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Storms cause damage across Ohio, Kentucky, Tennessee; millions still face severe weather warnings

A surge of destructive storms lashed multiple states across the Ohio and Tennessee Valleys on Tuesday, with various tornado watches impacting millions and severe weather warnings spreading over a much wider slice of the country, from the Gulf Coast to the Great Lakes. 

Violent wind gusts and heavy rain had already caused serious damage to some areas by mid-afternoon, wrecking buildings and forcing highway closures as crews worked to clear downed power lines, trees and other debris.

Large sections of Ohio and Kentucky were contending with the most serious risks, along with a stretch of far-eastern Indiana. The Storm Prediction Center’s most recent severe weather outlook ranked threats in parts of those states at Level 4, of five levels, just before 12 p.m. CDT. Level 4 corresponds with “moderate” on that scale. Much of Kentucky and southern Ohio received that warning, including major cities like Cincinnati, Columbus, Dayton, Lexington and Louisville.

A tornado watch was also in effect for parts of central Kentucky and Tennessee, including Nashville and its surrounding areas. They are set to expire at 3 p.m. CDT, although meteorologists warned that powerful “and potentially long-track tornadoes are possible from Indiana and Ohio southward into the Mid South.” 

“A threat for strong tornadoes may focus this evening into tonight across parts of Alabama and Georgia,” according to the storm prediction center.

A separate tornado watch was in effect until 6 p.m. for parts of western Kentucky, southern Illinois, southwestern Indiana and southeastern Missouri.

Overall, forecasts anticipated that an outbreak of severe thunderstorms could touch portions of each of those states in addition to northeastern Mississippi, southeastern Illinois and southwestern Virginia throughout Tuesday, noting that “a few intense” tornadoes were among the primary hazards alongside damaging, and potentially hurricane-force, winds and scattered hail that could be baseball-sized in some places. 

Winds are considered “hurricane-force” on the Saffir-Simpson Scale when their sustained speed reaches 74 miles per hour or higher. All thunderstorms have the potential to cause tornadoes, but atmospheric conditions need to be unstable in a particular way in order for that to happen. Meteorologists will issue a tornado watch when a mixture of atmospheric conditions and severe weather events suggest the formation of a tornado is possible in the area, but it does not necessarily mean that a tornado will occur.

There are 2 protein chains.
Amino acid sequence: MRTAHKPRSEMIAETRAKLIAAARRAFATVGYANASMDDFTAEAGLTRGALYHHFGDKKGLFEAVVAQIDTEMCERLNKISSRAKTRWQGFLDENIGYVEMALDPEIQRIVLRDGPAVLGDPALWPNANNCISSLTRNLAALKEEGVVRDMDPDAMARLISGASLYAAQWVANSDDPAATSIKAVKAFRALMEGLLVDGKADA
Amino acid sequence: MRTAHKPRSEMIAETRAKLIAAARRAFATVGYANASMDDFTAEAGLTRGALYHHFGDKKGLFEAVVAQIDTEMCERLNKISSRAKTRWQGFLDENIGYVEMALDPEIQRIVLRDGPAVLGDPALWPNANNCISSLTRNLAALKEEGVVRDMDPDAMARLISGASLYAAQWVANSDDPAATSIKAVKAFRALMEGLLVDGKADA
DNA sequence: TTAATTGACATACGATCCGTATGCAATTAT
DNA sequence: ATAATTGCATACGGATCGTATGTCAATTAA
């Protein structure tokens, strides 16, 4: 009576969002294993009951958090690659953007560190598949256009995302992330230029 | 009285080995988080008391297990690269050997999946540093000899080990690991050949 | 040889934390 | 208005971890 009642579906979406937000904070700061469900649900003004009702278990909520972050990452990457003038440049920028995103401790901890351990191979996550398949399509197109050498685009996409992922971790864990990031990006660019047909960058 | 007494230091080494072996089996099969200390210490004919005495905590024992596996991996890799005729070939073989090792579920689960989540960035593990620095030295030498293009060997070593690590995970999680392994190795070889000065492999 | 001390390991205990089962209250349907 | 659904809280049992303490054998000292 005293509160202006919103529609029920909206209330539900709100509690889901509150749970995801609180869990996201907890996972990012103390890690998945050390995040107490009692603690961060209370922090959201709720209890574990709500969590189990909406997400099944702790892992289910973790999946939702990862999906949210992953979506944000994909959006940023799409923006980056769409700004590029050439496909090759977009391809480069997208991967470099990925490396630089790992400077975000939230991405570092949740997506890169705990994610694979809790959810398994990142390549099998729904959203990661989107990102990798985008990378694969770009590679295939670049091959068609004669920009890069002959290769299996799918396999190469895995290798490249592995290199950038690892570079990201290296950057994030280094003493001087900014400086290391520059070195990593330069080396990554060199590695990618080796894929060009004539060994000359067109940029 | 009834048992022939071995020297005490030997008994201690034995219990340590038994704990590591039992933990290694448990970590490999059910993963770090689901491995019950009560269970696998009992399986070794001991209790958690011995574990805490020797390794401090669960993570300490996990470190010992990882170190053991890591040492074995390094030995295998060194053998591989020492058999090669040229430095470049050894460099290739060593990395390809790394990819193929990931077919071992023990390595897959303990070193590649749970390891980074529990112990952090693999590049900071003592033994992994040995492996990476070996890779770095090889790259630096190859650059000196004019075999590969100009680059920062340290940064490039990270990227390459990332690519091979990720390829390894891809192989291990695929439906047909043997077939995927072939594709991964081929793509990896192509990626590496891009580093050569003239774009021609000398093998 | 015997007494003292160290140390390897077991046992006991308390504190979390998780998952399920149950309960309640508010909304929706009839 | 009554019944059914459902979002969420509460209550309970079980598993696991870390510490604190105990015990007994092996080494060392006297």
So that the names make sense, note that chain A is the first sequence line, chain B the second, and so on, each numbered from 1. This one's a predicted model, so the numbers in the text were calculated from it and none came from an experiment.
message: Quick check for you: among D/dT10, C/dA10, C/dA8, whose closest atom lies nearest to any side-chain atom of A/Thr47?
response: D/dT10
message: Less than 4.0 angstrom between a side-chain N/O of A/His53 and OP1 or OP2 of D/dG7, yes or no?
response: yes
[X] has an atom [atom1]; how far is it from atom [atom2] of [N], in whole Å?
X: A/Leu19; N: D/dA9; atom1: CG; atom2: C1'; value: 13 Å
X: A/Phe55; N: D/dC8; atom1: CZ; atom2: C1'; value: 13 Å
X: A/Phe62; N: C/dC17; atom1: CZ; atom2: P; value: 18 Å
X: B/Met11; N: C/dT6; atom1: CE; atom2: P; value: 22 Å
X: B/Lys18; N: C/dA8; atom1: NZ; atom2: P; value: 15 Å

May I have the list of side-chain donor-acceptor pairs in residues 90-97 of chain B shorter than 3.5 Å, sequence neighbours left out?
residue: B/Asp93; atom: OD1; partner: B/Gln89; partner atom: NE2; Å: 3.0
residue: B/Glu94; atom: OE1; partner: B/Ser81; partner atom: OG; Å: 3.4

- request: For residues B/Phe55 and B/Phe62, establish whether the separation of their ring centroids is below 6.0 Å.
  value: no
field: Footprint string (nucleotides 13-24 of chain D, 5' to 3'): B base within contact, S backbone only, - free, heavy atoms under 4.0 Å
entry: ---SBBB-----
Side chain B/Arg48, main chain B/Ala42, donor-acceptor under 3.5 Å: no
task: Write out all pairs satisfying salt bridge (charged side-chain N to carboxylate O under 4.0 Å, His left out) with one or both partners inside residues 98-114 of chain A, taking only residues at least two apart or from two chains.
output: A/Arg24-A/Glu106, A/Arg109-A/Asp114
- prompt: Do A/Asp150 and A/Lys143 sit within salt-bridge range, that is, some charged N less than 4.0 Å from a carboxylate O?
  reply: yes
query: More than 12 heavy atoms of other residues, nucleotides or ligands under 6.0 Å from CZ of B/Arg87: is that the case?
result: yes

Powerful storms had already uprooted trees in Kentucky by midday on Tuesday. CBS affiliate WKYT shared a video of some of the damage, which included large branches, trunks and other debris splayed out over an intersection in a residential part of Lexington. In Nicholasville, another city nearby, authorities said they were investigating “a significant weather event” that impacted an industrial area. Images shared on social media appeared to show at least one structure partially torn apart after the incident.

“We have responded to a significant weather event,” said a spokesperson for the Nicholasville Police Department in a statement to CBS News. “There are no reported injuries.”

Meanwhile, a series of brutal storms barreled through parts of West Virginia throughout the day on Tuesday, with video footage capturing powerful gusts of wind picking up debris in the city of Charleston. The National Weather Service said radar indicated that there was a tornado in the Charleston area on Tuesday morning. Meteorologists forecasted those storms to abate to some degree as the system tracked toward Virginia.

The tumultuous storm system ripped through other parts of the country as it has continued traveling east. Earlier, as it struck Oklahoma, a 46-year-old woman in Tulsa was swept away by flooding on Monday night. Andy Little, the public information officer for the Tulsa Fire Department, told CBS News that crews were still searching for her on Tuesday morning.

Looking ahead to the rest of the week, meteorologists said there is “a slight risk” that regions along a huge stretch of the East Coast and somewhat inland could be hit Wednesday with strong and severe storms. Those storms could potentially bring hail, damaging winds and one or two tornadoes to places within the risk area, from the Chesapeake Bay all the way down to Florida.

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